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Let’s give the states more authority to price milk

At a time when many dairy farmers claim they are facing the worst crisis of their farming careers, one would think federal officials would be exploring all possibilities to help alleviate the dairymen’s plight. However, there doesn’t appear to be anything constructive being proposed in Washington, D.C. by elected or appointed officials.

At the same time, several states are scrambling in an attempt to aid the dairymen. Unfortunately, most of the states don’t have the authority to establish long-term pricing solutions for the dairy farmers, but at least they are trying.

The feds had a great opportunity to do something about the pricing situation under “Order Reform.” However, in my opinion, “Order Reform” was a “Processor’s Dream” and is currently turning into a nightmare for area dairy farmers. So, isn’t it time we sit down and develop another way to establish the value of raw milk? In Federal Milk Marketing Order #1 (Northeast), there are three classes of manufactured milk (yes, three).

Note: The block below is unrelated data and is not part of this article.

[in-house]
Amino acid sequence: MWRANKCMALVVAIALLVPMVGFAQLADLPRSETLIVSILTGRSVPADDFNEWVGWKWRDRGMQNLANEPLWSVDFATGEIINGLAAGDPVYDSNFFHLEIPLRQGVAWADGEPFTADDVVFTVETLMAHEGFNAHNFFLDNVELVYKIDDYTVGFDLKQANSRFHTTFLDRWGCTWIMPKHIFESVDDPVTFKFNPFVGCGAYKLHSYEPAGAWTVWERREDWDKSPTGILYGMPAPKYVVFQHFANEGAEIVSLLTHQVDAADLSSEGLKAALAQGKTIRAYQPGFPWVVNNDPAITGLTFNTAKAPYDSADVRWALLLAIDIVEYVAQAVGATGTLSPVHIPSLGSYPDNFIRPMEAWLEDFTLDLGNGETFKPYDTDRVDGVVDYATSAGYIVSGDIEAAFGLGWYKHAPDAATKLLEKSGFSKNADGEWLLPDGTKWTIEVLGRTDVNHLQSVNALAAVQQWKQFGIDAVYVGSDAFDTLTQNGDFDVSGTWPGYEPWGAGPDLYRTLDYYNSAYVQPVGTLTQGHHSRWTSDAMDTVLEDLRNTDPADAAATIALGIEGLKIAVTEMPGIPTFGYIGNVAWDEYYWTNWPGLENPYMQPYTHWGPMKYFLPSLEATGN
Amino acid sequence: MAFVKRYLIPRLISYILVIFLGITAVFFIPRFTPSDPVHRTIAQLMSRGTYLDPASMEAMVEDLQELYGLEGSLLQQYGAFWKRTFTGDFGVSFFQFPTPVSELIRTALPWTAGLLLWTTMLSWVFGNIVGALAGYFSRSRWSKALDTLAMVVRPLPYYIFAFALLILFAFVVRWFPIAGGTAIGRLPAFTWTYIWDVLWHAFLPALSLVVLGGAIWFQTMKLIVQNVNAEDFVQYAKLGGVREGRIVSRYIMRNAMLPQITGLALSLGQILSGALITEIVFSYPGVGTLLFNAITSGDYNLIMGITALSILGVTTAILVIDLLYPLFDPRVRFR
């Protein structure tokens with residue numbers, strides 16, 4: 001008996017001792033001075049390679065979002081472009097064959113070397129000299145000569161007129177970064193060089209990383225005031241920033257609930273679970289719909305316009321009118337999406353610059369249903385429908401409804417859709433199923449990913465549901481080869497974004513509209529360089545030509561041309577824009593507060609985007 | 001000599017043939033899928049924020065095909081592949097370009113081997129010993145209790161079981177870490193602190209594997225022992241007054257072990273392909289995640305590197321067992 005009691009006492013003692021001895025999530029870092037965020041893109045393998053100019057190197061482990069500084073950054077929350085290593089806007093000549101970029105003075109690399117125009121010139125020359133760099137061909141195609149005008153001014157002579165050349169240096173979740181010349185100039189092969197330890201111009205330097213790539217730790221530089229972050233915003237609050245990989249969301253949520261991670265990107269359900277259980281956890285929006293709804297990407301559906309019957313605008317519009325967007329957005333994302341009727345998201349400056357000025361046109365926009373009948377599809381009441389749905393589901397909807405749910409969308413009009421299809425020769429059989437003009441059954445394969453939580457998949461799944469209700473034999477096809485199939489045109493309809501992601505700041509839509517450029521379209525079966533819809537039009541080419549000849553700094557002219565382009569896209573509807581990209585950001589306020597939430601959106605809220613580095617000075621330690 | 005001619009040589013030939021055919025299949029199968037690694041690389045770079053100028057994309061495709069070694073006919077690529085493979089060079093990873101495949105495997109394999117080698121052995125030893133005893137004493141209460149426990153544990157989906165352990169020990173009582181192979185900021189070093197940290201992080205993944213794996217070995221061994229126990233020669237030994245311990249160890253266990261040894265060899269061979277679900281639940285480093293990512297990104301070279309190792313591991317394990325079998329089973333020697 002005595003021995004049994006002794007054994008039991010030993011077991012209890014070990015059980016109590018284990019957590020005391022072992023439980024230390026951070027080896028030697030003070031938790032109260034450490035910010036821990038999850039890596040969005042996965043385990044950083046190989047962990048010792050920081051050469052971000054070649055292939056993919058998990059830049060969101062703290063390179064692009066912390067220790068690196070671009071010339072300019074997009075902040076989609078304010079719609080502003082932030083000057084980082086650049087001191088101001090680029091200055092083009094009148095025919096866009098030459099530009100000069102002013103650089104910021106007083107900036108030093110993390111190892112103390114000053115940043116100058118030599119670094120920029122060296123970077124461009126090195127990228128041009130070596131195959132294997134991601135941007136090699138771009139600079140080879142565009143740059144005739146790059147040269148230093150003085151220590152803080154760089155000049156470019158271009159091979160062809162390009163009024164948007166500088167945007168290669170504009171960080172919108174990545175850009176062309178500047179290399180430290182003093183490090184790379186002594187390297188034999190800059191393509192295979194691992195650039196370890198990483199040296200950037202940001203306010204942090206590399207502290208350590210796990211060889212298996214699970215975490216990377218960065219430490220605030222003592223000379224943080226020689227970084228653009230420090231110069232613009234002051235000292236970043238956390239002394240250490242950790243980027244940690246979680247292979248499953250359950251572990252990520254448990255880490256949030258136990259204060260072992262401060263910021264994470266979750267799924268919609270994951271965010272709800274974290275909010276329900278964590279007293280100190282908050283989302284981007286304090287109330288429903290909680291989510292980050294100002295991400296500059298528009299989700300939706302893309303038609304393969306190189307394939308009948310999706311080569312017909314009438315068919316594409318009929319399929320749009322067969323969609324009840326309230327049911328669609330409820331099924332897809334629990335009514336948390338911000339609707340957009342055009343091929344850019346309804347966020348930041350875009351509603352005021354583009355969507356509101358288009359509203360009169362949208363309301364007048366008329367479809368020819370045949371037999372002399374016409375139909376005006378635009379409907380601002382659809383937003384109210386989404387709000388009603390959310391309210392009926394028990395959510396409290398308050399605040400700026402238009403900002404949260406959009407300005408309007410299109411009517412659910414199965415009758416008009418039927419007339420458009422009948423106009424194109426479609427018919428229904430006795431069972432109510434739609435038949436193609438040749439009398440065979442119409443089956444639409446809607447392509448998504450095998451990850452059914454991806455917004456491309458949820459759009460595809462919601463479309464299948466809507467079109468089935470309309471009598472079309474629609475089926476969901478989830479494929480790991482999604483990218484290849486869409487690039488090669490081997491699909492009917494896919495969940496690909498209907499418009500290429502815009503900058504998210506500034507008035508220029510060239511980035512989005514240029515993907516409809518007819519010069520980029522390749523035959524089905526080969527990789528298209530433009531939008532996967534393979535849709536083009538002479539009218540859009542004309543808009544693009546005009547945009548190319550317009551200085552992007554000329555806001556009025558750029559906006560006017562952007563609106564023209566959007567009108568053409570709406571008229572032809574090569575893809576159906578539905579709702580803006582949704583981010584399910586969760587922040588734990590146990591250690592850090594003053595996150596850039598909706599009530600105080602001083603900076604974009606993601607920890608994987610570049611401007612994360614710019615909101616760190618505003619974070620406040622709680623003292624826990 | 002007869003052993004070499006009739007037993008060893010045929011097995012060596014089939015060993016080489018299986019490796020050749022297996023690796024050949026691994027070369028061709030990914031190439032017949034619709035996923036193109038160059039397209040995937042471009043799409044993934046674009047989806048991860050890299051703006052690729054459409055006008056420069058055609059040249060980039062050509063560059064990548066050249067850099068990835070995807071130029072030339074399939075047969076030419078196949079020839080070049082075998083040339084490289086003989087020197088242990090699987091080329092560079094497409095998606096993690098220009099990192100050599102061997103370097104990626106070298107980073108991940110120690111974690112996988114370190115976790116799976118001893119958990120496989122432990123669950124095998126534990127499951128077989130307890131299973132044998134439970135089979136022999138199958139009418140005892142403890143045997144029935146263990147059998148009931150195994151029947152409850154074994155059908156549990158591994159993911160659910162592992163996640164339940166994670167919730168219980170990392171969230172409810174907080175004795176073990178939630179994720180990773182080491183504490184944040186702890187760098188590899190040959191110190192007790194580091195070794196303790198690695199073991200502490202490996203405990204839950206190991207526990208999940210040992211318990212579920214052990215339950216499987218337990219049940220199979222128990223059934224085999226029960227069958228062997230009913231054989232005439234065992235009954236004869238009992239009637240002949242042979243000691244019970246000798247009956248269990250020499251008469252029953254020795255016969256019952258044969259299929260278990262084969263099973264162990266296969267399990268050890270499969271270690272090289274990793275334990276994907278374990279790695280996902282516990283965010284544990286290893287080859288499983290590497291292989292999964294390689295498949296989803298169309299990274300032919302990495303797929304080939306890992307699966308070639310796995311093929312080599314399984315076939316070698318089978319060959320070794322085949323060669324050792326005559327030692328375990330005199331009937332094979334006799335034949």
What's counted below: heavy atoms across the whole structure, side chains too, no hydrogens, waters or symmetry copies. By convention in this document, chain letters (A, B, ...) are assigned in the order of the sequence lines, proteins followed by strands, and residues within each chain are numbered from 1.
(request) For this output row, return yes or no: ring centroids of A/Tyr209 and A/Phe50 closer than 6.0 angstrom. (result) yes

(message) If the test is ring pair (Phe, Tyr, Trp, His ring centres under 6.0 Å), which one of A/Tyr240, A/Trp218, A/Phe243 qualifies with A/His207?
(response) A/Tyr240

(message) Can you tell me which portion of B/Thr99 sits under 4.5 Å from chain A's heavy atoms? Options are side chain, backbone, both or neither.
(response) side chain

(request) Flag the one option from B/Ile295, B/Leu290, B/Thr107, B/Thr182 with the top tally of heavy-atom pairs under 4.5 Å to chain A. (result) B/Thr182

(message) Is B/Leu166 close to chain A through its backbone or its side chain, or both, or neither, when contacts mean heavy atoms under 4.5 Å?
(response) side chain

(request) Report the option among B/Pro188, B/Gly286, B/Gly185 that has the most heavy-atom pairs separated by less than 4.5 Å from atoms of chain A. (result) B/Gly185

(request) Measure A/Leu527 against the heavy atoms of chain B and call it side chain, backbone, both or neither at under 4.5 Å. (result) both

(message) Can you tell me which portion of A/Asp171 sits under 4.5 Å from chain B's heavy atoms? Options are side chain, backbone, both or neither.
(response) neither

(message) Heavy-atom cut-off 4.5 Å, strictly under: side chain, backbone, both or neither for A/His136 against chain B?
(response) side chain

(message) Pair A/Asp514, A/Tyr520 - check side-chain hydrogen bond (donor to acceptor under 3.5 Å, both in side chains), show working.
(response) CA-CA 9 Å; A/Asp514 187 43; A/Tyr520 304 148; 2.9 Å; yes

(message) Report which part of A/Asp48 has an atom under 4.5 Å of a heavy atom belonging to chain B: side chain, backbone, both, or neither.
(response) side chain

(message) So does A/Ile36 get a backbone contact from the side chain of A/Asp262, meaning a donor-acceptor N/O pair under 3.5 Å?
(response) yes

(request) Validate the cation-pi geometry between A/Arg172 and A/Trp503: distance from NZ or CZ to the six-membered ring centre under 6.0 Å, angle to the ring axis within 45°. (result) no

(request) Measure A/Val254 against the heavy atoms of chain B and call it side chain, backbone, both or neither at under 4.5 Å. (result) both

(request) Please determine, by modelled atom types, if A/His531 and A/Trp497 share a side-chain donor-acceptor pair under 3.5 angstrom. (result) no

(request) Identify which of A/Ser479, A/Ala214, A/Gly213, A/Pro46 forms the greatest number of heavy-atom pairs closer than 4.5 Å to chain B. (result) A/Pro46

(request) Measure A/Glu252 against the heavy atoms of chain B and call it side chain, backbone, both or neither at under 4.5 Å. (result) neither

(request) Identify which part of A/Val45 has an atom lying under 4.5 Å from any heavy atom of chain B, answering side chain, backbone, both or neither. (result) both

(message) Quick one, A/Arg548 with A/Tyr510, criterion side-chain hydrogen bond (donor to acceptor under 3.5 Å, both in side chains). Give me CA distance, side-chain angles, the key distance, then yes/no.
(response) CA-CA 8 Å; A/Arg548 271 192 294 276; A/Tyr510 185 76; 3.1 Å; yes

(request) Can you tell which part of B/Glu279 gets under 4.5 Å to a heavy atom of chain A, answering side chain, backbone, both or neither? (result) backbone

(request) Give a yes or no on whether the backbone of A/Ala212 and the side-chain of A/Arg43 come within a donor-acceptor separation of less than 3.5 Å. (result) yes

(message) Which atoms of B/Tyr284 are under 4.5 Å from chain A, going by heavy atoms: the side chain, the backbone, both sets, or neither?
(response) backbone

For July 2006, these three classes averaged $10.65 per cwt. That’s right -- $10.65. Now is any sane person going to tell me this is a fair price for our dairy farmers?

Conditions are so bad in New England that some state legislators are taking action. Vermont has appropriated over $7million of taxpayer money to help dairy farmers with their plight. Other states are contemplating doing the same. All of this is going on because the USDA did not develop a realistic pricing formula when they came up with their brilliant “Order Reform!”

And to make it worse, it appears that the majority of the members of the U.S. Congress are unwilling (or lack the guts) to take corrective measures.

Now, Governor Rendell wants the PMMB to examine the possibility of pricing milk that leaves the state but re-enters Pennsylvania in fluid containers.

It’s time and past time for the U.S. Congress to intervene and not with taxpayer money!

The majority of the Northeast Congressional Delegation knows that something must be done and, in most cases, are willing to do something. Even Bob Casey, a candidate of the U.S. Senate from Pennsylvania, is supporting a new pricing formula for dairy farmers. Let’s sit down and develop a new pricing formula bringing in the average cost of producing milk as a starting point.

If the members of Congress are not willing to take corrective action, then they should give the states the authority to join together to price milk.

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